Going Back to School?
Apply for Scholarships to Help Ease the Transition
Traditionally, high school graduates embark on higher education pursuits immediately following completion of secondary schooling. This educational model is alive and well, but today the college student body is increasingly comprised of non-traditional students. Several factors influence this trending demographic shift among university students.
Students displaced from higher education are returning to degree programs at all levels, to complete educational efforts previously put on hold. Returning students emerge from diverse situations, each motivated by his or her own higher education dream. These scenarios are typical among adult and returning students:
- Parents leave college to devote themselves to child-rearing. Commonly, single mothers and married parents return to college when family obligations once again allow it.
- Advanced studies at the Master’s and Doctoral levels keep students in school longer, and more and more undergraduates are returning to school after earning Bachelor’s degrees.
- Career-changers of all ages are returning to college, in response to employment trends that require re-tooling.
- Established professionals return to college for continuing education, to stay current with licenses, and to stay abreast of emerging industry trends.
As non-traditional, returning students are represented in greater numbers on campus, scholarship opportunities keep pace. Use your student-status to land targeted financial aid, aimed at your situation. Government programs, private initiatives and university-specific aid sources provide ample college financing avenues for returning students.
Campus financial aid administrators specialize in matching your college funding needs with the resources at hand. Inquire at your school:
- Are there any scholarships available that are specifically earmarked for returning students?
- What special resources are available within your field of study?
- Are general campus scholarships age-specific, or can you apply as a returning adult student?
- When are scholarship application deadlines
Scholarships come from diverse organizations, so use your personal attributes and returning student standing to increase your access to aid. Single fathers, mothers, volunteers and members of certain organizations enjoy access to special scholarships designed for returning students.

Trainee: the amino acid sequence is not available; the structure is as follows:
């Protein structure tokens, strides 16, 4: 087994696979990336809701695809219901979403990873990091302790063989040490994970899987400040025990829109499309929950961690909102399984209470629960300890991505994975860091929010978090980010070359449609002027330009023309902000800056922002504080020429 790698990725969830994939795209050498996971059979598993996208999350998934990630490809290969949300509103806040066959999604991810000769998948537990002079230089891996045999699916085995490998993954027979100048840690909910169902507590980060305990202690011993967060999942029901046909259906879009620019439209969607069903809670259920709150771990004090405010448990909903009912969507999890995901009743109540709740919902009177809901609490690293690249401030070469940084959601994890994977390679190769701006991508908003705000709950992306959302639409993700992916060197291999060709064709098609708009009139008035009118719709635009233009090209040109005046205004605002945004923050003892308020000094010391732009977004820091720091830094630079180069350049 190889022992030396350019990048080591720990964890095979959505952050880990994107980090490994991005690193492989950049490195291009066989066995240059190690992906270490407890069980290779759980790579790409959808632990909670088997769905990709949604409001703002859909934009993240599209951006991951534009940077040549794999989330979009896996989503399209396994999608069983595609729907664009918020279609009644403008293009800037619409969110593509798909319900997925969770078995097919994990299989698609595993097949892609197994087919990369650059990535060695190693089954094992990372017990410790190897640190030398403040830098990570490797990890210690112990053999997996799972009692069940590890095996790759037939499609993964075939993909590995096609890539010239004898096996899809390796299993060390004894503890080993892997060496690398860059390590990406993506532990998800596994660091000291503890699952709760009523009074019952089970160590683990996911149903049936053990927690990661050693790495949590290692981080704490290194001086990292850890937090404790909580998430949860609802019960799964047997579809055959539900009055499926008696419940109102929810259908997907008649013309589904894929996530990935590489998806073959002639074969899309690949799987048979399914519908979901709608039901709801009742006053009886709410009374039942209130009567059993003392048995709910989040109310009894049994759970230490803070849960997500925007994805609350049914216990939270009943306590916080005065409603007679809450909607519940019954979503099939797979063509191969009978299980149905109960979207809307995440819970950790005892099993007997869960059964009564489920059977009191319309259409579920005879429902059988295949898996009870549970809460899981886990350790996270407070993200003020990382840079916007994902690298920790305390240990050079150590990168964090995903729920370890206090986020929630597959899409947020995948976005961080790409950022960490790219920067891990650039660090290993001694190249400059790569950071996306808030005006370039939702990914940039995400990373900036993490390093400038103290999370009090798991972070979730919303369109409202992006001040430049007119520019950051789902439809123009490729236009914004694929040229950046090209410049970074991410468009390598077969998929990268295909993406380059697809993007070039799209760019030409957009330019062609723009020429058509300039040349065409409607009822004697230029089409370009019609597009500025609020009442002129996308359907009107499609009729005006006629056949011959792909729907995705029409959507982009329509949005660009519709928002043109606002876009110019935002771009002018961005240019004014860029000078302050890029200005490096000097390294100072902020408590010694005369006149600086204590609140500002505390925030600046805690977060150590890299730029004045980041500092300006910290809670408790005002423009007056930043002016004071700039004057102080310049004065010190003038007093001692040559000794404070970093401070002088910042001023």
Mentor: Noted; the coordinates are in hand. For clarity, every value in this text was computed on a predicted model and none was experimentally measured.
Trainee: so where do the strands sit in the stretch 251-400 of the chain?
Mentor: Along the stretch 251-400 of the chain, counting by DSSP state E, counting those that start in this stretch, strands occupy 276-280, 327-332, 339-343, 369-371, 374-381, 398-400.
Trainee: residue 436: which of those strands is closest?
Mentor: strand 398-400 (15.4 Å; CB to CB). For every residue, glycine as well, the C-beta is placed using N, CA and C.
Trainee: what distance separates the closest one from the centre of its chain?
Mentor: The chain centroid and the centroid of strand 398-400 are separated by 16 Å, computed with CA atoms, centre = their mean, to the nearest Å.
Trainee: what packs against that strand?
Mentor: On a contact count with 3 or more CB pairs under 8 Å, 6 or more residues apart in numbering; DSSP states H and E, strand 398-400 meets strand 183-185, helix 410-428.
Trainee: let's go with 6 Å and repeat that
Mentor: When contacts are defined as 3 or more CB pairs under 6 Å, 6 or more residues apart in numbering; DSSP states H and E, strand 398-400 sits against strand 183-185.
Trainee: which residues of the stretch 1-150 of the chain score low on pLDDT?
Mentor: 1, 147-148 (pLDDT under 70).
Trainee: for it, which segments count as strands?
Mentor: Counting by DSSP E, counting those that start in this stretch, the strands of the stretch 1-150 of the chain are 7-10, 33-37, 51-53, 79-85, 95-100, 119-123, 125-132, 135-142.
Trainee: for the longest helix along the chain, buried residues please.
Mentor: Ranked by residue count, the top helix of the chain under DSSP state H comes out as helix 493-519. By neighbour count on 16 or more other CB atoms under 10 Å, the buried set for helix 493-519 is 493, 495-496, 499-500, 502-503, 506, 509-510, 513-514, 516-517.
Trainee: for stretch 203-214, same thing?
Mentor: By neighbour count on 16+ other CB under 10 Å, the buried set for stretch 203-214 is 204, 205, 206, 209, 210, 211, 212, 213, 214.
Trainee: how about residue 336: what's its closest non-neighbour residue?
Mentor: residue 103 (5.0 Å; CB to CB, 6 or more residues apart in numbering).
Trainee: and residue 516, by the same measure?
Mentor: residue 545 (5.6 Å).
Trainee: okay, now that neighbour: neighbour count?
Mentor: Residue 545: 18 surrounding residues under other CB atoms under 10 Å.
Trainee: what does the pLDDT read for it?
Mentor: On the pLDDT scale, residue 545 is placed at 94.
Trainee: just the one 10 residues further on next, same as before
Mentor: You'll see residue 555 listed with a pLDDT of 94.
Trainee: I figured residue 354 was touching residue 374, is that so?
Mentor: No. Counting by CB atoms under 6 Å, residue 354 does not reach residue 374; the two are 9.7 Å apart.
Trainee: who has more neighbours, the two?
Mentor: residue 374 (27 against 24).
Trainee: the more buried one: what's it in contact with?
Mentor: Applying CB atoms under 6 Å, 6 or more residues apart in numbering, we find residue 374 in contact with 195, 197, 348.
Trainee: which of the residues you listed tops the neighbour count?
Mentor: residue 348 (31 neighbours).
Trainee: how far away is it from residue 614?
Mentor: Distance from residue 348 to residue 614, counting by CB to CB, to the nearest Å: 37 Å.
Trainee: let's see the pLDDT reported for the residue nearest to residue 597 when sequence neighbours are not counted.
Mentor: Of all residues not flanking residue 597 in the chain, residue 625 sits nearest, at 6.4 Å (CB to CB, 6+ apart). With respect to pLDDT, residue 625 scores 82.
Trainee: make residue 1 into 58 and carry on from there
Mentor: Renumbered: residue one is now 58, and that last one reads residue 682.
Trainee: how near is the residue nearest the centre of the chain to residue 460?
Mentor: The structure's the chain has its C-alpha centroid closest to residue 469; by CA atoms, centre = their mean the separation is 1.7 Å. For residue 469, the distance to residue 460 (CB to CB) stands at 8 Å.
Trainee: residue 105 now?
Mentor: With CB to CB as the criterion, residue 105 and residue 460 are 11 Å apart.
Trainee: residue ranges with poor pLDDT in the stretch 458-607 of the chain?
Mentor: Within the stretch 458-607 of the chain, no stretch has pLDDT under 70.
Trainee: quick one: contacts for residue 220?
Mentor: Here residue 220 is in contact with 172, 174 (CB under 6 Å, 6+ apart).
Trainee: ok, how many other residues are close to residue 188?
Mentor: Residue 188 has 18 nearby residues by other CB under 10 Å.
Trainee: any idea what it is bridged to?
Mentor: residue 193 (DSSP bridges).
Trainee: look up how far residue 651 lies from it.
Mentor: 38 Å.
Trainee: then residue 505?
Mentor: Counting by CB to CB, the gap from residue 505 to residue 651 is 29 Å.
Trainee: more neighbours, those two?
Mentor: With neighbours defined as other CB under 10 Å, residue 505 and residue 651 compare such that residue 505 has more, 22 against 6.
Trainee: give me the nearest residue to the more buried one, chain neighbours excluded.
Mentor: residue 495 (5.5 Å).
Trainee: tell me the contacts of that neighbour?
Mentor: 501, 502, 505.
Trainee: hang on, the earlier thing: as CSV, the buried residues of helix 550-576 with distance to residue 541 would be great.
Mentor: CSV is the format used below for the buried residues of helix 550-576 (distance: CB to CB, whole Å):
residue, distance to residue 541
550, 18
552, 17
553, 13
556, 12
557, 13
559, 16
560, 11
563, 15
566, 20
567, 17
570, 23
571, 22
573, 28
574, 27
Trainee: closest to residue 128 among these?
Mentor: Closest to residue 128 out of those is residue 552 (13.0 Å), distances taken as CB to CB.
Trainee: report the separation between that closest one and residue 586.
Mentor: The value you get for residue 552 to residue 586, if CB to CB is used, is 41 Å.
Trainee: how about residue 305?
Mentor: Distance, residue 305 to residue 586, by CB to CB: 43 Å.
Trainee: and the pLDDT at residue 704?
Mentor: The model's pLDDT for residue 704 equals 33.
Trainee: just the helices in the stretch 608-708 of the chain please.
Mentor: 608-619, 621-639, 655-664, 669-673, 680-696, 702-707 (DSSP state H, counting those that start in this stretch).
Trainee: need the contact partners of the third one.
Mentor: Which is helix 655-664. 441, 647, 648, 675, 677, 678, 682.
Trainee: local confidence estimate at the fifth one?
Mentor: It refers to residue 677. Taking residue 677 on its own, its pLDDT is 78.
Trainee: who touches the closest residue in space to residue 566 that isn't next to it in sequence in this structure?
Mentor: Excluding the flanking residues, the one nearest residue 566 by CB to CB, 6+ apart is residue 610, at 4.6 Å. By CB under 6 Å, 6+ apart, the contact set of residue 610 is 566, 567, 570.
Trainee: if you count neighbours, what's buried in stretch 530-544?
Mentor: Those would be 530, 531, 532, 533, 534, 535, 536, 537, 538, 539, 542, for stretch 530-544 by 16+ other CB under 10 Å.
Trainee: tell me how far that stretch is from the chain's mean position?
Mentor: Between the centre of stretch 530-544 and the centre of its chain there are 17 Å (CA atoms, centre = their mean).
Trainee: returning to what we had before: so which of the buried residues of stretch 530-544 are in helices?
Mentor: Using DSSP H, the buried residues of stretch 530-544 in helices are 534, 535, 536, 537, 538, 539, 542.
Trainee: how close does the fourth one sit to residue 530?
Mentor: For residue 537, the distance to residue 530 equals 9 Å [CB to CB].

Scholarships For Members
Professional organizations, churches, advocacy groups and even labor unions initiate educational assistance for returning students. You may be eligible for scholarships issued by your local chapter. For instance, members of AFL-CIO affiliated unions qualify for scholarships. Information is available at your state union office, or online at aflcio.org. To date, scholarships have aided more than 2000 families, and disbursed over $3 million in aid.
United Methodist Church, through a special governing board called the General Board of Higher Education and Ministry, grants annual education scholarships to students attending Methodist universities.
Members of the American Legion, are eligible for a scholarships sponsored by the organization. Even descendants of American Legion members qualify in some cases. Individual posts award their own brands of financial aid, so inquire about local opportunities for returning student assistance.
Gender-Based Scholarships for Returning Students
Gender and other personal characteristics open scholarship doors for returning students. Opportunities like Executive Women International’s Adult Students in Scholastic Transition (ASIST) program are coordinated locally, by independent branches. View a more complete list of women’s scholarships here.
Jeanette Rankin Scholarship Fund honors the first female member elected to the United States Congress. The scholarship effort has helped more than 600 women to date, especially low income women over the age of 35 years.
Talbot’s Women’s Scholarships apply to women who graduated from high school prior to 2002. Successful applicants are returning students, over the age of 35 years. A number of $10,000 scholarships are awarded annually, in addition to a $30,000 memorial award that honors Nancy Talbot. Candidates are evaluated based on academic history, leadership potential, participation in community projects, and work experience. Financial need is a prerequisite for earning Talbot’s Scholarships.
Single parents capitalize on state initiatives like the Arkansas Single Parent Scholarship Fund, which provides help with tuition and textbook expenses. In some instances, costs associated with travel and child care are also covered.
Scholarships From Employers and Community Sources
Employers support continuing education and provide scholarships and grants for staffers returning to school. Individual corporate programs vary, but tuition for work-related education is often covered. Business students, for example, qualify for employer-backed funding for pursuing MBA degrees.
Don’t discount your own workplace as a source of educational funding. Even companies like Wal-Mart put-forth employee education plans. The company’s WalMart Foundation administers the Higher Reach Scholarship, which helps returning students complete degree programs.
The best scholarship resources sometimes emerge from your own backyard. Use your local Chamber of Commerce to uncover financial aid opportunities hosted by local civic groups, and regional chapters of national organizations like Rotary International and the National Exchange Club.
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